By Phoebe Starr
Madrid, Spain—Apremilast, a novel oral inhibitor of phosphodiesterase 4, achieved sustained improvement in the signs and symptoms of psoriatic arthritis, physical function, and skin improvement in the longer-term follow-up of 52 weeks in the PALACE 1 trial, according to results reported for the first time at the 2013 European League Against Rheumatism (EULAR) annual meeting.
Of patients who failed methotrexate, 63% showed 20% improvement by the American College of Rheumatology 20% criteria for improvement (ACR20) at week 52, and no new safety signals were reported. Few laboratory abnormalities were found, suggesting that frequent monitoring may not be necessary with this agent.
For patients with psoriatic arthritis, “Longer-term follow-up of PALACE 1 shows that apremilast maintains its efficacy and safety for over a year in patients previously treated with DMARDs [disease-modifying antirheumatic drugs] and/or biologic agents. The longer the data we have, the better,” said lead investigator Arthur F. Kavanaugh, MD, Director of the Center for Innovative Therapy, Division of Rheumatology, Allergy and Immunology, University of California, San Diego.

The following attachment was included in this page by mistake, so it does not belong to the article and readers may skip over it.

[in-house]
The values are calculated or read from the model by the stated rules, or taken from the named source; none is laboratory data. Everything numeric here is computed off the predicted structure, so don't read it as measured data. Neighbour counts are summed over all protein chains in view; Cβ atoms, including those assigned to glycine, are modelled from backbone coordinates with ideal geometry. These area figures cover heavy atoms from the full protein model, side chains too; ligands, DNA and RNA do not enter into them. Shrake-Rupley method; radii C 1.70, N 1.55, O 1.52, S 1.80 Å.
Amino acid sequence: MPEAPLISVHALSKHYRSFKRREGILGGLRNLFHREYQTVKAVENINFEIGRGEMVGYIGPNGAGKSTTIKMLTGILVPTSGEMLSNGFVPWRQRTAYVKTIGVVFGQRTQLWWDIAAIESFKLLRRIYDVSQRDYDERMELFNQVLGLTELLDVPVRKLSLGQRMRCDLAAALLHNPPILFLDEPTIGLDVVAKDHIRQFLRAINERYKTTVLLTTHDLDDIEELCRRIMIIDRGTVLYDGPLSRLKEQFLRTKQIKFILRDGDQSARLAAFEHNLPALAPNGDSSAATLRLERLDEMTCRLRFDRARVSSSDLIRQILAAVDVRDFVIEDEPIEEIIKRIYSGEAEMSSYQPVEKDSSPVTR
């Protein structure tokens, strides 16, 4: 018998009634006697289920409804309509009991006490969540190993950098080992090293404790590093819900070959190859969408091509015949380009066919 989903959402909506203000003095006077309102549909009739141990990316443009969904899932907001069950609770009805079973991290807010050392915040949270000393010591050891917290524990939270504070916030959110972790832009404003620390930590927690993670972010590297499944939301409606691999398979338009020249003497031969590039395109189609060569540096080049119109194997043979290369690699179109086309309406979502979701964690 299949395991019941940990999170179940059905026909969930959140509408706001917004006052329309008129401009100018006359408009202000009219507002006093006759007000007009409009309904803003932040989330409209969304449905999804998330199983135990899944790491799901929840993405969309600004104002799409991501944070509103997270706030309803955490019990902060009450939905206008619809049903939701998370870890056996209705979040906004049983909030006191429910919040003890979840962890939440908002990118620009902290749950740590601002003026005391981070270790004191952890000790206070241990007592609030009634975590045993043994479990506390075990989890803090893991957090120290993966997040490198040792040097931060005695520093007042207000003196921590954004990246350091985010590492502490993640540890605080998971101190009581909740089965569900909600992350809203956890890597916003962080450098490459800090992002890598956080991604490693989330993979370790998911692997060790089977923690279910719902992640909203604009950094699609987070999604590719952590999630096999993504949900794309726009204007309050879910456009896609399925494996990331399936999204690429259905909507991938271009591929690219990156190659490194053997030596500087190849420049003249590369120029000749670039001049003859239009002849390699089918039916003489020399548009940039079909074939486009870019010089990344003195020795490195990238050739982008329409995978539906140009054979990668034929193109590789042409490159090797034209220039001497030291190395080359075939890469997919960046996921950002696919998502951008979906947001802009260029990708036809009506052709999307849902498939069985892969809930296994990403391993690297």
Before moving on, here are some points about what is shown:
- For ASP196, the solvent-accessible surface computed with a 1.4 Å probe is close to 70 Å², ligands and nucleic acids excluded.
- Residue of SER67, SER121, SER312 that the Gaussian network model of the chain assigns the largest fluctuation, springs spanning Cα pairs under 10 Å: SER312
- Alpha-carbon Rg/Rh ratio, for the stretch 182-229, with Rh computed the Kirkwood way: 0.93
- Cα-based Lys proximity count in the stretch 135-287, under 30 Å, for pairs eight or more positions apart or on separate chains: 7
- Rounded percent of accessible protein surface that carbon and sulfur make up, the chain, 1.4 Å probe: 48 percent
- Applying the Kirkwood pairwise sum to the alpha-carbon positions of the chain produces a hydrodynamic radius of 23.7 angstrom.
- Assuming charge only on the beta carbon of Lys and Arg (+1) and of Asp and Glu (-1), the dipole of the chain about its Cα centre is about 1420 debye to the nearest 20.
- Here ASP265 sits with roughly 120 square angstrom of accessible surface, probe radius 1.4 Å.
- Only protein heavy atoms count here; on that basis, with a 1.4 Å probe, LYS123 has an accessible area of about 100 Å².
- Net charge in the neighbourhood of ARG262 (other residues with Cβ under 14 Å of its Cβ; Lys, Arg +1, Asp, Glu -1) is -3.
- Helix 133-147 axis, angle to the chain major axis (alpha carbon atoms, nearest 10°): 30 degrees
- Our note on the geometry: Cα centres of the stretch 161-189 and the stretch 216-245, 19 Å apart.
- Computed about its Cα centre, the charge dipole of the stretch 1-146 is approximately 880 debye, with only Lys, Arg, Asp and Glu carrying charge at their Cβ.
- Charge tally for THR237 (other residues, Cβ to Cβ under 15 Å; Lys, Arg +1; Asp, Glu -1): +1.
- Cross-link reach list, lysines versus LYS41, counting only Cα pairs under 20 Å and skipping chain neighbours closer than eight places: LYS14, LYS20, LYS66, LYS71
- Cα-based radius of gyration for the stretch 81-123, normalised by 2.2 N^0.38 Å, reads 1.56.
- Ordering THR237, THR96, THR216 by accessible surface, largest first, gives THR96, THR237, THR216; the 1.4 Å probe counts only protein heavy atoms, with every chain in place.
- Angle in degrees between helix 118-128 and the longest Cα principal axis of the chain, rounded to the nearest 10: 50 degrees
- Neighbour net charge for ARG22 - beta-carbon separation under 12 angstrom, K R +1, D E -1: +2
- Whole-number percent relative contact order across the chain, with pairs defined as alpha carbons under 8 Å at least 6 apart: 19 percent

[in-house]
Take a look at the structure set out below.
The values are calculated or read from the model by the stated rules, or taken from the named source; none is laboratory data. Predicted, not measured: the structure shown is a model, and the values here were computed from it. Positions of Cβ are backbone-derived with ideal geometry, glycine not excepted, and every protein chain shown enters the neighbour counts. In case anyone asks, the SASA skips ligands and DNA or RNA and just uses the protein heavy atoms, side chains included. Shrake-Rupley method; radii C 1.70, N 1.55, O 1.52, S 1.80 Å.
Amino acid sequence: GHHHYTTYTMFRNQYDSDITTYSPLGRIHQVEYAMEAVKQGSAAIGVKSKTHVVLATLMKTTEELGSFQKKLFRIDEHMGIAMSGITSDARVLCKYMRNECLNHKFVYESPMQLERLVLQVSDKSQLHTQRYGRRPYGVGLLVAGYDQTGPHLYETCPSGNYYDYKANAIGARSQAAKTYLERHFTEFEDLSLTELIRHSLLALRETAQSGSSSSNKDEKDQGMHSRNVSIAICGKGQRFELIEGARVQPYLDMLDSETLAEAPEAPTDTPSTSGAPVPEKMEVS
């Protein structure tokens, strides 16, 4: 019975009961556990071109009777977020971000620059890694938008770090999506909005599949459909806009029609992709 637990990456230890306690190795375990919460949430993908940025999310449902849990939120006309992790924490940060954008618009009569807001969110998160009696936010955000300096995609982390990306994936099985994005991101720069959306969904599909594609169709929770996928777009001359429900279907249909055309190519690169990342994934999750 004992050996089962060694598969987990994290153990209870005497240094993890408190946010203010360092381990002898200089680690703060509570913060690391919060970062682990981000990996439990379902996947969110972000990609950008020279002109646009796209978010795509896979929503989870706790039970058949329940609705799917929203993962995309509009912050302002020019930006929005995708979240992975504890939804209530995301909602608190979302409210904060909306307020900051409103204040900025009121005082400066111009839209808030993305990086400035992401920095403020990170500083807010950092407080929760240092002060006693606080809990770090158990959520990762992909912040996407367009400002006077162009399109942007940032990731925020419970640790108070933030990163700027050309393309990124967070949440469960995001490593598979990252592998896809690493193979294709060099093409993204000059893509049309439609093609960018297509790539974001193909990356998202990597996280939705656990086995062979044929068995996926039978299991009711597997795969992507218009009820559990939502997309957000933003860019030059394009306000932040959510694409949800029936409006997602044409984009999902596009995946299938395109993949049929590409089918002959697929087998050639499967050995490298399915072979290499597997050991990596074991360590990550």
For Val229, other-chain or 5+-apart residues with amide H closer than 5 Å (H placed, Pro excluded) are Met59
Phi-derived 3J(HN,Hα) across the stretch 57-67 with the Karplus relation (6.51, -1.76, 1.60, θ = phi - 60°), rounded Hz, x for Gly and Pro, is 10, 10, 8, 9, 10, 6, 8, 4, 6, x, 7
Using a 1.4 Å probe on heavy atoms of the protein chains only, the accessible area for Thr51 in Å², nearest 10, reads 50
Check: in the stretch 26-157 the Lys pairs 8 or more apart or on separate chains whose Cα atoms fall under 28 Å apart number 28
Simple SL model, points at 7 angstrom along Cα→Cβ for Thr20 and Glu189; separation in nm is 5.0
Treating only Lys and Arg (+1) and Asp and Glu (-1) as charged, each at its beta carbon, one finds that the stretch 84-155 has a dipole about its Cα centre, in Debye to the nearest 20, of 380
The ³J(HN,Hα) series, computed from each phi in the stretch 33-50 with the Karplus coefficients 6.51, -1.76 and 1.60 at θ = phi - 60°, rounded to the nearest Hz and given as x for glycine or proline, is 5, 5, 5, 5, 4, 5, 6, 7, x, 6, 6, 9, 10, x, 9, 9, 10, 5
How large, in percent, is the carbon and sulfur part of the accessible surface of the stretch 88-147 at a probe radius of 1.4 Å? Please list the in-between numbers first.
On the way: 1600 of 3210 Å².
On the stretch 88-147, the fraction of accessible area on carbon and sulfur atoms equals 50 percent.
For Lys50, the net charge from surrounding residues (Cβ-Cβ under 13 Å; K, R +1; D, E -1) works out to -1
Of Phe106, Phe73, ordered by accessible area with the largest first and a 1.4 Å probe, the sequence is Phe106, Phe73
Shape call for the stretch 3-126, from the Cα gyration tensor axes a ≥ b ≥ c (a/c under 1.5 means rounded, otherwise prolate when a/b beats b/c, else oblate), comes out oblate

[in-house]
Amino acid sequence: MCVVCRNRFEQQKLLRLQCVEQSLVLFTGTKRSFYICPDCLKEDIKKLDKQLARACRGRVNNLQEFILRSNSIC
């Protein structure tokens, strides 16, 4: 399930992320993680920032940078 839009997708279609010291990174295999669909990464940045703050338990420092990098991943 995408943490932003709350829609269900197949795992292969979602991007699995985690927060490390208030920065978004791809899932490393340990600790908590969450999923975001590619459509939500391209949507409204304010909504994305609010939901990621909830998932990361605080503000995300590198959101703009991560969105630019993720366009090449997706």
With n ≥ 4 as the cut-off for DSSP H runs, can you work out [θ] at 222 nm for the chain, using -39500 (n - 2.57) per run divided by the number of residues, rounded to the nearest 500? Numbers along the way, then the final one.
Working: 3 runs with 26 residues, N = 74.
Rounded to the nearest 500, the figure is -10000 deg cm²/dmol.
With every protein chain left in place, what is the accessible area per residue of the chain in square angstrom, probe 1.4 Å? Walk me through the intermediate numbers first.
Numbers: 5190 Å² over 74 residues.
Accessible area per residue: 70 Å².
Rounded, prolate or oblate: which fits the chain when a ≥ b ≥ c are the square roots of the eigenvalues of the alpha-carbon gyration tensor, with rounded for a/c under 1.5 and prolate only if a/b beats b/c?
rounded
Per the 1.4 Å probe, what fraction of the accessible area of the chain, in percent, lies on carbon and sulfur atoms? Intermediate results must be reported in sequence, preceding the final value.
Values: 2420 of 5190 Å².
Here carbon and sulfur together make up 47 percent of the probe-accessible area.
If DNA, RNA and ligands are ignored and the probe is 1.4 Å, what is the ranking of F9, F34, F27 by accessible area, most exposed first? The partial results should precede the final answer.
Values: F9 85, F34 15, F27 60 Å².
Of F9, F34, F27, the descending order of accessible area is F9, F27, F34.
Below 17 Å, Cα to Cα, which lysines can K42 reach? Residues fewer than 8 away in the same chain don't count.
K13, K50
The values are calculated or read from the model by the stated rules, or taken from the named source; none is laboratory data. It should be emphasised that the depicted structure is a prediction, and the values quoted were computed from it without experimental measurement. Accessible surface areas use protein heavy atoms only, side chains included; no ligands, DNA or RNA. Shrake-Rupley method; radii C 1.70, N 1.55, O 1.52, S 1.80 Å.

“We are very happy with these data. We still need to see where its role will be, and perhaps apremilast will be useful for patients who are not refractory to other treatments,” Dr Kavanaugh added.
PALACE 1 is a phase 3, multicenter, double-blind, placebo-controlled, parallel-group study of 504 patients with active psoriatic arthritis despite receiving DMARDs and/or biologics for the previous 4 months. Patients were allowed to continue using background DMARD therapy during the trial.
Patients were randomized to apremilast 20 mg or 30 mg twice daily or to placebo for 24 weeks. At week 24, all patients in the placebo arm were rerandomized to 1 of the 2 apremilast arms.
In 2012, results from week 16 demonstrated the superiority of apremilast versus placebo on ACR20 in 31.3% of the apremilast 20-mg group and in 40% of the apremilast 30-mg group (P <.001 vs placebo) versus 19.4% in the placebo group.
The 52-week results were presented for the first time at EULAR 2013: ACR20 was reached by 63% of the apremilast 20-mg group and by 54.8% of the apremilast 30-mg group. Up to 20% of the patients reached ACR50 and ACR70 (ie, at least a 50% or 70% response in the signs and symptoms of psoriatic arthritis).
Skin improvement was also seen. Apremilast achieved a 75% improvement on the Psoriasis Area Severity Index in 37% of those receiving the 30-mg dose and in 25% of patients receiving the 20-mg dose.
Treatment-related adverse events were few and comparable between groups. Diarrhea or nausea were the most common adverse events, but were manageable with anticipation and medication.
Most notable is that few laboratory abnormalities were reported for patients who were taking apremilast up to 1 year. “We may not need to monitor patients on apremilast as carefully as those on anti-TNF inhibitors,” Dr Kavanaugh commented.